These “material practice kits,” more than 50 in total, are destined for Prince George. There, they’ll be distributed to participants in a series of upcoming virtual workshops. The workshops are part of the ongoing Decolonizing Healthcare System through Cultural Connections project.
“It’s been really interesting trying to conceptually picture teaching and making drums and rattles without being together, without being there with our actual hands to support them,” Brenda Crabtree, Director of Aboriginal Programs at ECU and Special Advisor to the President on Indigenous Initiatives, says. “But we’re very connected with all the folks from the Prince George community — the elders and the Indigenous artists up there. So, this is a pilot project. Our first virtual pilot material practice workshop.”
The Decolonizing Healthcare project aims to transform Indigenous people’s experiences in the BC healthcare system. In BC, as in Canada more broadly, Indigenous people of all ages experience far poorer health outcomes than non-Indigenous people. This disparity is linked both to Canada’s colonial past and to barriers, including systemic racism, which continue to permeate its healthcare system.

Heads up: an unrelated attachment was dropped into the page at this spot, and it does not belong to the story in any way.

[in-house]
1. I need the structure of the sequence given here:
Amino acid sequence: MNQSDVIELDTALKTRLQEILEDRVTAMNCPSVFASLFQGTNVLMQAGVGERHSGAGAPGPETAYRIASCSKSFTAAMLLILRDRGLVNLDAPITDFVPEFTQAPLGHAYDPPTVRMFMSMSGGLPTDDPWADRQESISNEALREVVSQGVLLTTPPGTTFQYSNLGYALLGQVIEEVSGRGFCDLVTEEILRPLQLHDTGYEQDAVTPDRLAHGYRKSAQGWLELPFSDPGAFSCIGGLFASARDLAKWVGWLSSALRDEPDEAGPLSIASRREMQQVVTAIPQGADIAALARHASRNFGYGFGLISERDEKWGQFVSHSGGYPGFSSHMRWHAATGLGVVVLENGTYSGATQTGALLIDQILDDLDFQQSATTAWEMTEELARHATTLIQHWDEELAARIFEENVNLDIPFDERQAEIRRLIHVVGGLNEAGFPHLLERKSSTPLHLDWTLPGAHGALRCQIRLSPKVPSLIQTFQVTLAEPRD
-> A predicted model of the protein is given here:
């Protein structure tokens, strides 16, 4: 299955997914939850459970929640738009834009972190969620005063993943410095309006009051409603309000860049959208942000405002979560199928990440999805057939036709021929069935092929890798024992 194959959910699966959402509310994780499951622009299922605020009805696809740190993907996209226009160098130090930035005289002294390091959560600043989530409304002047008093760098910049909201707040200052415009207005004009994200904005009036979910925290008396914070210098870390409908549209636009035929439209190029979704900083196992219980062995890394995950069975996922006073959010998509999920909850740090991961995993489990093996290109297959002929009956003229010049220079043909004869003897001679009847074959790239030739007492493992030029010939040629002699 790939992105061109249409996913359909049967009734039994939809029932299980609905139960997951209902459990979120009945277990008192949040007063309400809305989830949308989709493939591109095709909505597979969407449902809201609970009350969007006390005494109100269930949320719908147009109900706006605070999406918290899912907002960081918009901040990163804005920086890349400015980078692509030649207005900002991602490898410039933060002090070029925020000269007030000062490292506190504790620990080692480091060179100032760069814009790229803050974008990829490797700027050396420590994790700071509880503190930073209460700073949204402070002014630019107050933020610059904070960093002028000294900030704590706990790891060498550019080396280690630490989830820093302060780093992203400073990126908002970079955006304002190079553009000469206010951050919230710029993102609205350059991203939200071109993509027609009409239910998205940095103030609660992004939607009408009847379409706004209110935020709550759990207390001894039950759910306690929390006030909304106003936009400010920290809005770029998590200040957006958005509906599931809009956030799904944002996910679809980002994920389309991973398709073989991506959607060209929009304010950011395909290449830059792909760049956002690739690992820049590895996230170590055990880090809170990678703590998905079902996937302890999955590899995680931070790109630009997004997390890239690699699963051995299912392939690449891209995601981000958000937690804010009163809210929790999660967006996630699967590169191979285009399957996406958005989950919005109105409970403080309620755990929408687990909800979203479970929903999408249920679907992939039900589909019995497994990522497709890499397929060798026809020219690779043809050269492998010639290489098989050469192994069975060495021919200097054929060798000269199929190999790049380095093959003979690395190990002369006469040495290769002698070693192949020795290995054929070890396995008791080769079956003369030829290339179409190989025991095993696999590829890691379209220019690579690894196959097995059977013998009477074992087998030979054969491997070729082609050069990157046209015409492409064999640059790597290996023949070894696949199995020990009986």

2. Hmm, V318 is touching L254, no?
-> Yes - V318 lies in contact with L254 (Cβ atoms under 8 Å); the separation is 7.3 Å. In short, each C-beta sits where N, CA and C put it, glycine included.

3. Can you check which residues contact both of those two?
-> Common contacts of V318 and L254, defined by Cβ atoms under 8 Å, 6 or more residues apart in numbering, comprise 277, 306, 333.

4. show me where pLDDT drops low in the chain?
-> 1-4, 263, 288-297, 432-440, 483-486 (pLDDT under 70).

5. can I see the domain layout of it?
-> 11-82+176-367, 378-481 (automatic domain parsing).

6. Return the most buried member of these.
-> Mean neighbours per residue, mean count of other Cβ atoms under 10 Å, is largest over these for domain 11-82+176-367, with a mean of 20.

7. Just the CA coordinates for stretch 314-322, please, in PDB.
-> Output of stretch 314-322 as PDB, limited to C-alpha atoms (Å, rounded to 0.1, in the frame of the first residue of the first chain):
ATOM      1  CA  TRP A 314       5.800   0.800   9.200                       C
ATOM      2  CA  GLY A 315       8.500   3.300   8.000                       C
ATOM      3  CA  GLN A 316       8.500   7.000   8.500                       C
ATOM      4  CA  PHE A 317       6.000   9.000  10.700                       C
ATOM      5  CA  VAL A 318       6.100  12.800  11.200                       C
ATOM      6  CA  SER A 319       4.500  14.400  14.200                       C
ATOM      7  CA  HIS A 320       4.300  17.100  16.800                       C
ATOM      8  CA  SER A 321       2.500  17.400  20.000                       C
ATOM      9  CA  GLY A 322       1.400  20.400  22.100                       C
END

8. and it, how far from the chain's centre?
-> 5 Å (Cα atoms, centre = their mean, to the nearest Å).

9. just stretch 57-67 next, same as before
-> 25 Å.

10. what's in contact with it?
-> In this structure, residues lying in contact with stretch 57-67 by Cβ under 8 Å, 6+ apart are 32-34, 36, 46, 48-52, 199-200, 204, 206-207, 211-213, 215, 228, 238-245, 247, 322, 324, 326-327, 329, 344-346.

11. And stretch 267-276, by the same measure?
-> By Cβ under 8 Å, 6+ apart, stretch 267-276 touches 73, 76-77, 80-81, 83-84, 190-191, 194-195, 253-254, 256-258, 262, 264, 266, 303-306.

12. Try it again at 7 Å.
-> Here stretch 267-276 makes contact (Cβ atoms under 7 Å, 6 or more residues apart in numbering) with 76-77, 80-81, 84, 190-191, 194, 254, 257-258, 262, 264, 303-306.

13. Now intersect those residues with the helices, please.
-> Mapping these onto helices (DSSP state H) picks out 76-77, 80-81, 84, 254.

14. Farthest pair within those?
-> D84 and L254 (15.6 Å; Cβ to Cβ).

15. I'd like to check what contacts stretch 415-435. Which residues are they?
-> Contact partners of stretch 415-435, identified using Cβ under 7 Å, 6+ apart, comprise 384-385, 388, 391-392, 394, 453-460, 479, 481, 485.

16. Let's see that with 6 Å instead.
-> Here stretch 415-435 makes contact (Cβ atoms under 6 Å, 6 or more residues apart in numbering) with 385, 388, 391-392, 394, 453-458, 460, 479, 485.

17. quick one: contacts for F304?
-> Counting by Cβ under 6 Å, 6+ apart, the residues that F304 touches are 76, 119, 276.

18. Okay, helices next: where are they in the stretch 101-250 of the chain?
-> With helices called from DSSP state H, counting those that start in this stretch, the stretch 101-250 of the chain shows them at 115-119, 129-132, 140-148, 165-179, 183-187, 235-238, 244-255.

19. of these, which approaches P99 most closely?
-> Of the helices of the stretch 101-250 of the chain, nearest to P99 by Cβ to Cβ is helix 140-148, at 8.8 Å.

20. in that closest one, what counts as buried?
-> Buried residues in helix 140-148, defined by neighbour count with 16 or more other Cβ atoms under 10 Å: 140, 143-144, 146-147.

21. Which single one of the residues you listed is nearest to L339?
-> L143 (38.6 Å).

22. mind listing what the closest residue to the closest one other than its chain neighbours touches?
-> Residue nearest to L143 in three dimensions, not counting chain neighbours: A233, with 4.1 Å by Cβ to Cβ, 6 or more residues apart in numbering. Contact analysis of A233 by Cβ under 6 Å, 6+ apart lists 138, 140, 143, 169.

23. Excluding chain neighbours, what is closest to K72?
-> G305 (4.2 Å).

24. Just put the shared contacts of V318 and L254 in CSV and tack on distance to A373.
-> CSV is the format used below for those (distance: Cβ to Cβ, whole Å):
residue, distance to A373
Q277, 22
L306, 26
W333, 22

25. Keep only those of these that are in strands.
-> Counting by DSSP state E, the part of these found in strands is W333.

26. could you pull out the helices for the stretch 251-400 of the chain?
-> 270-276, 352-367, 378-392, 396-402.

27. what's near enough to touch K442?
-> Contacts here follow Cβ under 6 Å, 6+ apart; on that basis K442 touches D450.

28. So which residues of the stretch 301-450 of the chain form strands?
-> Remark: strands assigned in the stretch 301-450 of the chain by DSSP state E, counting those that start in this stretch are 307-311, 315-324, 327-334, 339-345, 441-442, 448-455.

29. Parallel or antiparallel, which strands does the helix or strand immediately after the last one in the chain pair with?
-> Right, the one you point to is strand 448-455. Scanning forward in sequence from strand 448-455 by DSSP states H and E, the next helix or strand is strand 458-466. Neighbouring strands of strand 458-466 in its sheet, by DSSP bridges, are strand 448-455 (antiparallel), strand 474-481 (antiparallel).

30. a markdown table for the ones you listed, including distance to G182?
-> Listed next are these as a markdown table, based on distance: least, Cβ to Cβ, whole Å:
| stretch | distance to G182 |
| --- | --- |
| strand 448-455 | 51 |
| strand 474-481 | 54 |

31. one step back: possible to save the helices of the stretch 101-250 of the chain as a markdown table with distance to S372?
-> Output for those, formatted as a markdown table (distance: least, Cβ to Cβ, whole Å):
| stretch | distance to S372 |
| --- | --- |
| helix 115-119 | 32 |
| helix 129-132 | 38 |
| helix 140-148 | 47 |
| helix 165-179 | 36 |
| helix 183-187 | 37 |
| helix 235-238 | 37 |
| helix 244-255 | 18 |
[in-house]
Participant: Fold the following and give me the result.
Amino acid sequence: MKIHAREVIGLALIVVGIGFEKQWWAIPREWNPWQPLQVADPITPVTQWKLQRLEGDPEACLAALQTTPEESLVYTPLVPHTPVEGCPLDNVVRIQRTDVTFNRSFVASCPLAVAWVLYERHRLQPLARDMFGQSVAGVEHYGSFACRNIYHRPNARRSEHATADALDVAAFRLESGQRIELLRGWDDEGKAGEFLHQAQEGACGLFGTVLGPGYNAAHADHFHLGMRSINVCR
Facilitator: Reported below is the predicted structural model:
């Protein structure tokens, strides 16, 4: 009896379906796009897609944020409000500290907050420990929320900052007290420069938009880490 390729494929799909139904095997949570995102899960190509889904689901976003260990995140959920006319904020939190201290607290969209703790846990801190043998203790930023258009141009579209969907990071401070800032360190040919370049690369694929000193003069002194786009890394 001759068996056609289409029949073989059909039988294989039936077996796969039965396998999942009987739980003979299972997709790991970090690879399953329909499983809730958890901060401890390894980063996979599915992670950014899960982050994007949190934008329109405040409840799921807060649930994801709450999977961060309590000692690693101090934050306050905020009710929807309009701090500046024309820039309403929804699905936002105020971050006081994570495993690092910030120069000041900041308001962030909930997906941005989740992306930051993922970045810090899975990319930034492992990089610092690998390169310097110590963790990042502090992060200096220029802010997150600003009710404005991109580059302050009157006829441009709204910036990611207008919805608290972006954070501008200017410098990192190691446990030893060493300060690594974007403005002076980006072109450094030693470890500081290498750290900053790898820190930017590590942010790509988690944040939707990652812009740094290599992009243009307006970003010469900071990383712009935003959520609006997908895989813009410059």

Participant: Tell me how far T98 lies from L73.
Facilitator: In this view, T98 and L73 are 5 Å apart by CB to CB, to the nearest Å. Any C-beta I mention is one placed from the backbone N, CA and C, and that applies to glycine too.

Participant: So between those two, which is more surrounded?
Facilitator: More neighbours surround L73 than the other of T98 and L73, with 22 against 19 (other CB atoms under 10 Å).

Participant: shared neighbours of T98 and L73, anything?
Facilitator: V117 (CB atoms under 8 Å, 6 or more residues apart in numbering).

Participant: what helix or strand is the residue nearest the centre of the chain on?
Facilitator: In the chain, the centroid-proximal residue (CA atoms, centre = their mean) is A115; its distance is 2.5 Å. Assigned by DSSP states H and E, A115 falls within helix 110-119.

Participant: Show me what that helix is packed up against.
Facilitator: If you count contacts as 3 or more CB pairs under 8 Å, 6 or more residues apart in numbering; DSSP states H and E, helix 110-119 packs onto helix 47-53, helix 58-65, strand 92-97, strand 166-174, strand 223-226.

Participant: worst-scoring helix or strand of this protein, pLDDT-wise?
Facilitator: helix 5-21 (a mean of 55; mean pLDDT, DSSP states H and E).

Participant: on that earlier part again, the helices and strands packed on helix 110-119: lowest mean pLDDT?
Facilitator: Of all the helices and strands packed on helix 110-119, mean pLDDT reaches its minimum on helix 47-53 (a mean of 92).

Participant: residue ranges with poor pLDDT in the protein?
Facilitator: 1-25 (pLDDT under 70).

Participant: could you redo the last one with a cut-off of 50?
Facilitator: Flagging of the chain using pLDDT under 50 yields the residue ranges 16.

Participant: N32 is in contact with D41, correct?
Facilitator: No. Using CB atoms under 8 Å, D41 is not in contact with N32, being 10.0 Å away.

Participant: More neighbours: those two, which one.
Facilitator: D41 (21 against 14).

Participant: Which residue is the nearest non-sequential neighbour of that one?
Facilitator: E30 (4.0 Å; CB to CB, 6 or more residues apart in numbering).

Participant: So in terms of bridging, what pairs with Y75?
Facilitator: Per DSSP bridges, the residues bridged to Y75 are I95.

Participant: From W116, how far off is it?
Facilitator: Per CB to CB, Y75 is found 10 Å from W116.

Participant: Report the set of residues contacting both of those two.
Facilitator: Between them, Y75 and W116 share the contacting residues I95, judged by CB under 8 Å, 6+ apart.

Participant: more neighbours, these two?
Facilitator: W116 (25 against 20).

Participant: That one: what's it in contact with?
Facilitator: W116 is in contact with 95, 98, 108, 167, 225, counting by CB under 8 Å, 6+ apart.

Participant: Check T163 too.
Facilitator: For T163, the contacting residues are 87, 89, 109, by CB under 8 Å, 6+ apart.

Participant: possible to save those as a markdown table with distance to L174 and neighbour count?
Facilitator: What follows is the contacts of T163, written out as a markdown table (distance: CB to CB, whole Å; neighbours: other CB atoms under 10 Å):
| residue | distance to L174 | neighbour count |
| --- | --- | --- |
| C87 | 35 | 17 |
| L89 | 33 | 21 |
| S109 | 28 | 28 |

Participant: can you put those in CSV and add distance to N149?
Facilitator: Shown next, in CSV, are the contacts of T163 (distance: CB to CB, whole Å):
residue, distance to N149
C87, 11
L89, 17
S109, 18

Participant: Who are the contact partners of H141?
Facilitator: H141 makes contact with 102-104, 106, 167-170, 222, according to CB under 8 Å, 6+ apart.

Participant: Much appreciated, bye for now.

Decolonizing Healthcare offers a leading-edge model for dismantling these systemic and historical barriers. The project employs Indigenous-led arts and material practice as an entry-point to encourage dialogue, relationship-building, and knowledge-sharing between Indigenous people and healthcare practitioners.
Brenda heads the project alongside Caylee Raber, Director of Emily Carr’s Health Design Lab(HDL). Decolonizing Healthcare first got the go-ahead in 2019 after receiving a Systems Change Grant from the Vancouver Foundation. It was initially slated to unfold over roughly three years. But the pandemic has forced the team to make adjustments on the run.
“It’s created challenges for us because we’re so used to the hands-on approach,” Brenda says. Conducting the material practice workshops virtually was not in the original plan, she notes.
“More than anything, we love engaging with the community. So this was new and challenging for us. But I think we rose to the occasion. We’ve been really innovative with the way we put together this programming and all the resources that go along with it.”